Monuments commemorate past events and historical figures that are important for the nation’s future – but while doing so, they promote dominant interpretations of the past, defining what and who is to be remembered; Federico Bellentani, a monument expert, presents seven ways to deal with monuments in Estonia.
Monuments exist in many different forms: war memorials, public statues, monumental buildings, memorial gardens and even entire areas of the city.
What is common among monuments is that they commemorate past events and historical figures that are important for the nation’s present and future. They define what and who is to be remembered of the past, as well as what and who is not.
After Estonia regained independence in 1991, the 1990s were defined by two distinct but concurrent practices: the redesign of Soviet monuments and the erection of new ones reflecting the needs of the post-Soviet society.
Estonia’s accession to the EU in 2004 provided adequate resources in the redesign of monuments. There are six main strategies that the Estonian government and its affiliates have used to deal with existing Soviet monuments.
Conservation and restoration
To destroy a memorial involves particularly sensitive issues such as disrespecting the deeds. Hence many Soviet memorials survived the spontaneous destructions that occurred after the collapse of the Soviet Union in 1991.
Still-standing Soviet memorials can be sources of traumatic memories today. However, removing them is not an easy task – it can provoke the reaction by Russia and spark dissent and resistance from the Russian community living in Estonia. Hence care is taken to prevent them falling apart through ordinary maintenance, cleaning and restoration works, as the government is looking after the Soviet memorial in Maarjamäe, Tallinn.
Manipulation of the spatial surroundings
Manipulating the space around monuments can affect their meanings. This strategy has been often used to lessen the visibility and the ideological significance of unwanted monuments.
For example, in the 1990s, the Estonian government took several measures to soften the symbolism of a controversial Soviet memorial in Tallinn, the so-called Bronze Soldier. Diagonal footpaths replaced the direct access to the memorial, new trees were planted and the hollow for the eternal flame was removed. Ironically, these interventions brought in the opposite effect, elevating tensions towards the permanence of this memorial in Tallinn.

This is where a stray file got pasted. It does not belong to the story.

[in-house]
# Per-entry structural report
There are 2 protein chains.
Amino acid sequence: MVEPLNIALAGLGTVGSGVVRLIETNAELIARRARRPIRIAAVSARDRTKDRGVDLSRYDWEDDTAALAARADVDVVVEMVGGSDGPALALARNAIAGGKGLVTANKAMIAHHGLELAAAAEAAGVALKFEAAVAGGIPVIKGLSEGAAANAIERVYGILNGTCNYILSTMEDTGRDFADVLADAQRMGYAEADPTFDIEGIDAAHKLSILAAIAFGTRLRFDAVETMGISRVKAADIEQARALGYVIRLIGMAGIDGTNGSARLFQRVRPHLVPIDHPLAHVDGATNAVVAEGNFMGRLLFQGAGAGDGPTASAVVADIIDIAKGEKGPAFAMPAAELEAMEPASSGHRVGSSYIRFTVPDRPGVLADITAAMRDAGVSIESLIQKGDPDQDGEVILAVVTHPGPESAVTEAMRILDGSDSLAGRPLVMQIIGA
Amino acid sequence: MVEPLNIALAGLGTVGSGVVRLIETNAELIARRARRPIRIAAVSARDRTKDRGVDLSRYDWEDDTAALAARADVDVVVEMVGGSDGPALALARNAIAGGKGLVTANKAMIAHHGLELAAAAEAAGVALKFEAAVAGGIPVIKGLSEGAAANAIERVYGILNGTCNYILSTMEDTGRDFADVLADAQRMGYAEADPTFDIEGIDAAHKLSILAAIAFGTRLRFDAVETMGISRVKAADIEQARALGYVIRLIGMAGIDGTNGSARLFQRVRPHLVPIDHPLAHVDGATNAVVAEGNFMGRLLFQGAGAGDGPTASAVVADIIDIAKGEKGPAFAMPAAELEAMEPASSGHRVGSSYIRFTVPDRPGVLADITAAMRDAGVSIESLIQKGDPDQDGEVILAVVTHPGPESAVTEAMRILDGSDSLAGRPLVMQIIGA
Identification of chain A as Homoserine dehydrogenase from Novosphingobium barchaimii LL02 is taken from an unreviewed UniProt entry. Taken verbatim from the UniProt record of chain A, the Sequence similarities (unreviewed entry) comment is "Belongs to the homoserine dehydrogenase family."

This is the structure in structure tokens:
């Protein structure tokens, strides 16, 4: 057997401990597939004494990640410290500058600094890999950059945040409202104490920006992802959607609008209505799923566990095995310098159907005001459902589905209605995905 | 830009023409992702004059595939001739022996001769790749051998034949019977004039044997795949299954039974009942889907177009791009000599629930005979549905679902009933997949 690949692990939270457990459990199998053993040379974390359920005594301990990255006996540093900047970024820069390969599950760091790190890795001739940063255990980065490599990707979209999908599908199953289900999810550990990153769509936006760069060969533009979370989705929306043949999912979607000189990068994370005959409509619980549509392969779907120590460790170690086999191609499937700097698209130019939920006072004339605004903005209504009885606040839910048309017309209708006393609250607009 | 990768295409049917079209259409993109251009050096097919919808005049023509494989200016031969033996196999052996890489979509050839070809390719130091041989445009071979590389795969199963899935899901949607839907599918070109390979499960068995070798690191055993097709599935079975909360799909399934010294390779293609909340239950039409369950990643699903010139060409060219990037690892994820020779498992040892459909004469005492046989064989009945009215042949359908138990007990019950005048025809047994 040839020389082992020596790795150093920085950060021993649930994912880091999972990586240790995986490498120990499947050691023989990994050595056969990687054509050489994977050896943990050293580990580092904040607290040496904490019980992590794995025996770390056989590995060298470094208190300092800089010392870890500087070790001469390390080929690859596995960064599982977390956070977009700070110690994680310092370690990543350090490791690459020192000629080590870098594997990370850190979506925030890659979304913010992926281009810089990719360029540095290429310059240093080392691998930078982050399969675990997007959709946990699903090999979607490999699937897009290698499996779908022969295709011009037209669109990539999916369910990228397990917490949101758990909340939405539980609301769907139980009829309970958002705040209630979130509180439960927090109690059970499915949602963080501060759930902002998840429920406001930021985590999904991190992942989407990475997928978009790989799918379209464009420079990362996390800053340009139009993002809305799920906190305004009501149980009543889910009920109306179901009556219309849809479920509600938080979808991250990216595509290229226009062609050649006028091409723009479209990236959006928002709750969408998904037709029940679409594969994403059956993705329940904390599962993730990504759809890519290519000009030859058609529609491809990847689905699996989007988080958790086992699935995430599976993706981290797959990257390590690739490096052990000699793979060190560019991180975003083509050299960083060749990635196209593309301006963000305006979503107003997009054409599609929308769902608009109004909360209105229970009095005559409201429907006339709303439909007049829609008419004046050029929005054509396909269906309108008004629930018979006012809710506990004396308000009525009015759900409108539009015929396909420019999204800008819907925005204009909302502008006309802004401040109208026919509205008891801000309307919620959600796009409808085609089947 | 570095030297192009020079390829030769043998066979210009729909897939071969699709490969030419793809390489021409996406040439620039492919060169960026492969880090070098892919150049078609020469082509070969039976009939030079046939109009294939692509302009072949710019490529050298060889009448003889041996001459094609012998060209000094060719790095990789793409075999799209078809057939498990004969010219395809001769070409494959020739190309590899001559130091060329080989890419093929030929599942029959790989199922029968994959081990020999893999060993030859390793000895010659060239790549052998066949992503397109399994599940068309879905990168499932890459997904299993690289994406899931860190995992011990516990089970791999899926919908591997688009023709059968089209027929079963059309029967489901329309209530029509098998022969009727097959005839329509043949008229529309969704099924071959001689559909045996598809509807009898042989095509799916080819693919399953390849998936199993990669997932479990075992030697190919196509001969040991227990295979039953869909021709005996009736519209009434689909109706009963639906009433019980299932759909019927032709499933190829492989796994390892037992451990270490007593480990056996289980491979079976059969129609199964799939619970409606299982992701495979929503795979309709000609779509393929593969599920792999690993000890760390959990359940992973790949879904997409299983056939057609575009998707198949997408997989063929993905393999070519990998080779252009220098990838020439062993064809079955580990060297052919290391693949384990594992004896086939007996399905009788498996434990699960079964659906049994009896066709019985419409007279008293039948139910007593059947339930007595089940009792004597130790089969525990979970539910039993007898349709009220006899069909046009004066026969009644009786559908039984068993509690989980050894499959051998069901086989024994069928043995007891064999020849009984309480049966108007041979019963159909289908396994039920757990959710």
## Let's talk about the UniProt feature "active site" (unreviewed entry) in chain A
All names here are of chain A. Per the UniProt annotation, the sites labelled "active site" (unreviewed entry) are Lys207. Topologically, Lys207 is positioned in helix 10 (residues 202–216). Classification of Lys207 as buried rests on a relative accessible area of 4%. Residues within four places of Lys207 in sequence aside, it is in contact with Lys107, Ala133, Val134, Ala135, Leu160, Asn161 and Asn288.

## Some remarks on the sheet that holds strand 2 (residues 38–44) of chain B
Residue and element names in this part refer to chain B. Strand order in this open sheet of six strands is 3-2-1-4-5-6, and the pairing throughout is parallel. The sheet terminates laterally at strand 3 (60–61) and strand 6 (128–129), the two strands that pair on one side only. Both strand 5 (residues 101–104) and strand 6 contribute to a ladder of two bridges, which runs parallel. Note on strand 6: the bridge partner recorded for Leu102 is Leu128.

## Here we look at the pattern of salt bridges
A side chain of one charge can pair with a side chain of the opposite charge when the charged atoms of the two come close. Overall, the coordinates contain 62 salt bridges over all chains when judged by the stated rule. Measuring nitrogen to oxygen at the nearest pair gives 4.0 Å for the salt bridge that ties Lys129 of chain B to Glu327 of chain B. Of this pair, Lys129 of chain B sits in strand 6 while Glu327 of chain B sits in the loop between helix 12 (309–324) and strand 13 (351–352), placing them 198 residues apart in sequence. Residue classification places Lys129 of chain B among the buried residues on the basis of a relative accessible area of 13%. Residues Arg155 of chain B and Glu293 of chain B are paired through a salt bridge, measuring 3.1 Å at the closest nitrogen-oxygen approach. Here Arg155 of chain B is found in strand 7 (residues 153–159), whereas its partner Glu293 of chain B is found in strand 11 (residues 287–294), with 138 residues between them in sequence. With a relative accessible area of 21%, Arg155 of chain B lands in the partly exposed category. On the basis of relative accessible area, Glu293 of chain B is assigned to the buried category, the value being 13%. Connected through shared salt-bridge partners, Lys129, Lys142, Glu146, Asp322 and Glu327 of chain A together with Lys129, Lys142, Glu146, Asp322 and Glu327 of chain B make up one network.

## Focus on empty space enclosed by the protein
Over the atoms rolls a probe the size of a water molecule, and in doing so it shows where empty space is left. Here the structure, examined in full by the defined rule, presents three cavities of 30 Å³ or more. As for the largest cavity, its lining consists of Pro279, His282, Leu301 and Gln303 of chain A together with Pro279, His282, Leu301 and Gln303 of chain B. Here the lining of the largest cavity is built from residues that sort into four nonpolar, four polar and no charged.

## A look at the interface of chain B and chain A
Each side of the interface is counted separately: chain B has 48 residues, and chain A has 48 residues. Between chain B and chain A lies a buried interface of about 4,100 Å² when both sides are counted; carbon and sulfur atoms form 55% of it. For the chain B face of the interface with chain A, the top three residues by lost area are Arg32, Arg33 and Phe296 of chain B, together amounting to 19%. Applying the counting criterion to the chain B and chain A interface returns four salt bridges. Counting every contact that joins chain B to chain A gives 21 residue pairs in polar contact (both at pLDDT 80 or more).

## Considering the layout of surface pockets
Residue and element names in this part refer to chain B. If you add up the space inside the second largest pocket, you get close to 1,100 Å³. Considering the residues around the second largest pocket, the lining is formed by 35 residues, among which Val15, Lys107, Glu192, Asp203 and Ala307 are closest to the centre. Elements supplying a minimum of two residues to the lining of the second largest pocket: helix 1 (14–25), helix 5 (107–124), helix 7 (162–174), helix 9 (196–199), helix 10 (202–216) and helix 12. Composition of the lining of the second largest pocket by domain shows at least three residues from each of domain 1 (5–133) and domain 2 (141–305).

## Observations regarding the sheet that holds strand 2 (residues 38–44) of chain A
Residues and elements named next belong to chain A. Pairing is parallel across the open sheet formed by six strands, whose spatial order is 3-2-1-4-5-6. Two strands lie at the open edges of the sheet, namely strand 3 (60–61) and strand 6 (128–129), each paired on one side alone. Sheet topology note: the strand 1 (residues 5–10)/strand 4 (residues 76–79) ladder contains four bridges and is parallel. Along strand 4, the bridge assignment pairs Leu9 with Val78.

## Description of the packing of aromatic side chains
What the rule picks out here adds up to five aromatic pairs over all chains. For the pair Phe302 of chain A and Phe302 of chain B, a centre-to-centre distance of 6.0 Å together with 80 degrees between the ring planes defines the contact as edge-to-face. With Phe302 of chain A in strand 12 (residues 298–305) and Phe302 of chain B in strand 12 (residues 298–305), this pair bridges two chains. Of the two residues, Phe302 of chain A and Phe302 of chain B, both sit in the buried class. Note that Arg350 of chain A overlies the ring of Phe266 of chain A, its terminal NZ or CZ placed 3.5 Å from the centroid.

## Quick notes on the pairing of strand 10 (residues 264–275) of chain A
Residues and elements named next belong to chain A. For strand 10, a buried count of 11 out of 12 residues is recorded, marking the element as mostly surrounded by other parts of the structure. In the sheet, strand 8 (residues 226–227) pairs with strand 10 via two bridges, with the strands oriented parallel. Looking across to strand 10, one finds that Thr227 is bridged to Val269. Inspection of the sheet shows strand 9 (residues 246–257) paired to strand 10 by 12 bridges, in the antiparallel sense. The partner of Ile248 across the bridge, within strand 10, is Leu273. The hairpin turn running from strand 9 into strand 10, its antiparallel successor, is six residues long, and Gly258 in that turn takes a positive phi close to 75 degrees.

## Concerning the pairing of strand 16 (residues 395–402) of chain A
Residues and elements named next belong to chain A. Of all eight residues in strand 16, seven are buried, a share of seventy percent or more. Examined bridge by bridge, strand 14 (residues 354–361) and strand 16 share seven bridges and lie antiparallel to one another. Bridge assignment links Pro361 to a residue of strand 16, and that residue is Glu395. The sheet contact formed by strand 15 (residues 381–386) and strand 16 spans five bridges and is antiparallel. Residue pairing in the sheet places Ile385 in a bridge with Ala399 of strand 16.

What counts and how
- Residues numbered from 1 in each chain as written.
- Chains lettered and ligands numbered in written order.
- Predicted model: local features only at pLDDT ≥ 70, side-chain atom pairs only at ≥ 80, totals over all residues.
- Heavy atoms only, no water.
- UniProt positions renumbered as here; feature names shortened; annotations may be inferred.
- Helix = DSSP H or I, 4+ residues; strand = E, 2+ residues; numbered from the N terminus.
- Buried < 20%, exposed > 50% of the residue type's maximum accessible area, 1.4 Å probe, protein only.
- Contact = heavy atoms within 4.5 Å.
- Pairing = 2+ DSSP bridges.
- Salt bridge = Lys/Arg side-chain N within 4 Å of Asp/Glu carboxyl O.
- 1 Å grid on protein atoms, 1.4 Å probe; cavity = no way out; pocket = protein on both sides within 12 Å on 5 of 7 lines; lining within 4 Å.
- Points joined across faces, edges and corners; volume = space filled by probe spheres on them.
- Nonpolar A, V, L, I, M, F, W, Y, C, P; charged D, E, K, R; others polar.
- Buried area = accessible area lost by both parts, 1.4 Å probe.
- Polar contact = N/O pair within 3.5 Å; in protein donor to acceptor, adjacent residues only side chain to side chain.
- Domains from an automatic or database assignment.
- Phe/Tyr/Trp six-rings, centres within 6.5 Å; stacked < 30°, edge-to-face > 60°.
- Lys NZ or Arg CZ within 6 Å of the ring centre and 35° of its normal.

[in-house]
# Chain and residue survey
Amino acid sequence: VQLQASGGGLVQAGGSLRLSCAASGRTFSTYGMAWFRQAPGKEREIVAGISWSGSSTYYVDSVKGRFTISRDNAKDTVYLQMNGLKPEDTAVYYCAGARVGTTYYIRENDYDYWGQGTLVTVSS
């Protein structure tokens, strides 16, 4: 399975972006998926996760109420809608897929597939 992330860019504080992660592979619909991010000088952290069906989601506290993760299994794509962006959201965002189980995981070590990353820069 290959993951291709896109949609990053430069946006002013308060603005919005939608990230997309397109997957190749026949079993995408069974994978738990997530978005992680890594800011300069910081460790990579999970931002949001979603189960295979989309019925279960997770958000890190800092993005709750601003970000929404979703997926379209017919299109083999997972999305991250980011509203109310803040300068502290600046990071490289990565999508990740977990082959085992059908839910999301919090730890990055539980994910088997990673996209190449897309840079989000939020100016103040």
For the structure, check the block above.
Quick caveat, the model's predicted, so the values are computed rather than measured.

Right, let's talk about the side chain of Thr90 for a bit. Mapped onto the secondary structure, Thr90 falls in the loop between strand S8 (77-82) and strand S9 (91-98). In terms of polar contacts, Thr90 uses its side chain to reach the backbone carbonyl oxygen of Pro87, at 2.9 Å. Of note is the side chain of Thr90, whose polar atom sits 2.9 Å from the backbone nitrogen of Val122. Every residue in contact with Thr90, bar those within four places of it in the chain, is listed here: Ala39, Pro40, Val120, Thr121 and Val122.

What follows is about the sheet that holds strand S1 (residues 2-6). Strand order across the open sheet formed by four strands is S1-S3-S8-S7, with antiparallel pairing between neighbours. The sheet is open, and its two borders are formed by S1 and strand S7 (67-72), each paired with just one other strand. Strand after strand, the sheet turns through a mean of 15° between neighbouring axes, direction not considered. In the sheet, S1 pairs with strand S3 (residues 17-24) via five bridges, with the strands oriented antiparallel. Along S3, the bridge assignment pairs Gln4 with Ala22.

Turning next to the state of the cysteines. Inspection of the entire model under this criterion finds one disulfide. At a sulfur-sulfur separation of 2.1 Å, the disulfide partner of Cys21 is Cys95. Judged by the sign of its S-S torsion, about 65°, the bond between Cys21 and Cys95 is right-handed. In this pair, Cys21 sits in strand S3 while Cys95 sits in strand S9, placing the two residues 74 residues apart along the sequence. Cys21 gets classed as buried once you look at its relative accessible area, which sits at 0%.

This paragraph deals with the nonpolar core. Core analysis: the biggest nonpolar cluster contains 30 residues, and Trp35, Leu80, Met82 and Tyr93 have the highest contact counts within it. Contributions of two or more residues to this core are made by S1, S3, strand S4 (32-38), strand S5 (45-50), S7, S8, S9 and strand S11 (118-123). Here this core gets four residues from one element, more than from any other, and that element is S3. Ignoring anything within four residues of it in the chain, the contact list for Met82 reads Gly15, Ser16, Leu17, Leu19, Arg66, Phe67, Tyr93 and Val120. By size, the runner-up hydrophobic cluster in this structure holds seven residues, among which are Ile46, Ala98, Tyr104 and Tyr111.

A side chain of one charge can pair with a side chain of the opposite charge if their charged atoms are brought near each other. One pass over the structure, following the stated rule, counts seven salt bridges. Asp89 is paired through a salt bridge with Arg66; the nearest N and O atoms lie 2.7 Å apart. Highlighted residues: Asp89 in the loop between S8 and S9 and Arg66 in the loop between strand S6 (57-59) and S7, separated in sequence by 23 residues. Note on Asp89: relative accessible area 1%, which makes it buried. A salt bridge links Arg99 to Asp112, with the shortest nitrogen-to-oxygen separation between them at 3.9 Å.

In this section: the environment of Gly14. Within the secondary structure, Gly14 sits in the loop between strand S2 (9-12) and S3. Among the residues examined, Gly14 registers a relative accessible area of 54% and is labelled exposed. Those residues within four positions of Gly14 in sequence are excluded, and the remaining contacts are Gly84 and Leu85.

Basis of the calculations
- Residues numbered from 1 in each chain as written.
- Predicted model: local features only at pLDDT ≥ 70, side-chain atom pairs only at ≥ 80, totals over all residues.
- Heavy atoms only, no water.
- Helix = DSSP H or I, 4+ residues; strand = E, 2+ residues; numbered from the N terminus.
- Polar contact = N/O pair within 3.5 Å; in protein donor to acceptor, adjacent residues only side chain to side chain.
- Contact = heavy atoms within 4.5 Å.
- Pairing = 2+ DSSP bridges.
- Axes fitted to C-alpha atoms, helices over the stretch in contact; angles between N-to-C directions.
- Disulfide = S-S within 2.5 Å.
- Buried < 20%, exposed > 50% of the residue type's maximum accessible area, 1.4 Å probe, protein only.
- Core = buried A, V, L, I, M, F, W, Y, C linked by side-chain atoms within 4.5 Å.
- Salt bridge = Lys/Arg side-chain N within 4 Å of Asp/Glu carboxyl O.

Turning monuments into something else
Famous is the case by Alexander Milov who turned the statue of Lenin into Darth Vader in Odessa, Ukraine. There are no such striking cases in Estonia. However, the monument park in Maarjamäe can be an example on how monuments of a bygone era can turn into neutral sites visited by a few tourists appreciating Soviet statuary.
This monument park was opened in 2017 by assembling a collection of Soviet-era statues that, until then, remained dumped in the yard behind the Estonian History Museum at Maarjamäe.
Building other architectures to hide the monument
Sometimes unwanted monuments are hidden by erecting new buildings and architectures. In independent Estonia, blending old and new architecture has been a common practice – for example, the new landscape memorial to the victims of communism in Maarjamäe coexists with the nearby Soviet obelisk, erected in 1960 to celebrate a warship operation.
Another example is the 2007 Fahle building by KOKO Architects near Tallinn airport – this is a 1929 paper factory to which a modern-looking glass box was added on top. Likewise, in the Rotermann Quarter in Tallinn city centre, old industrial buildings stand next to modern architectures.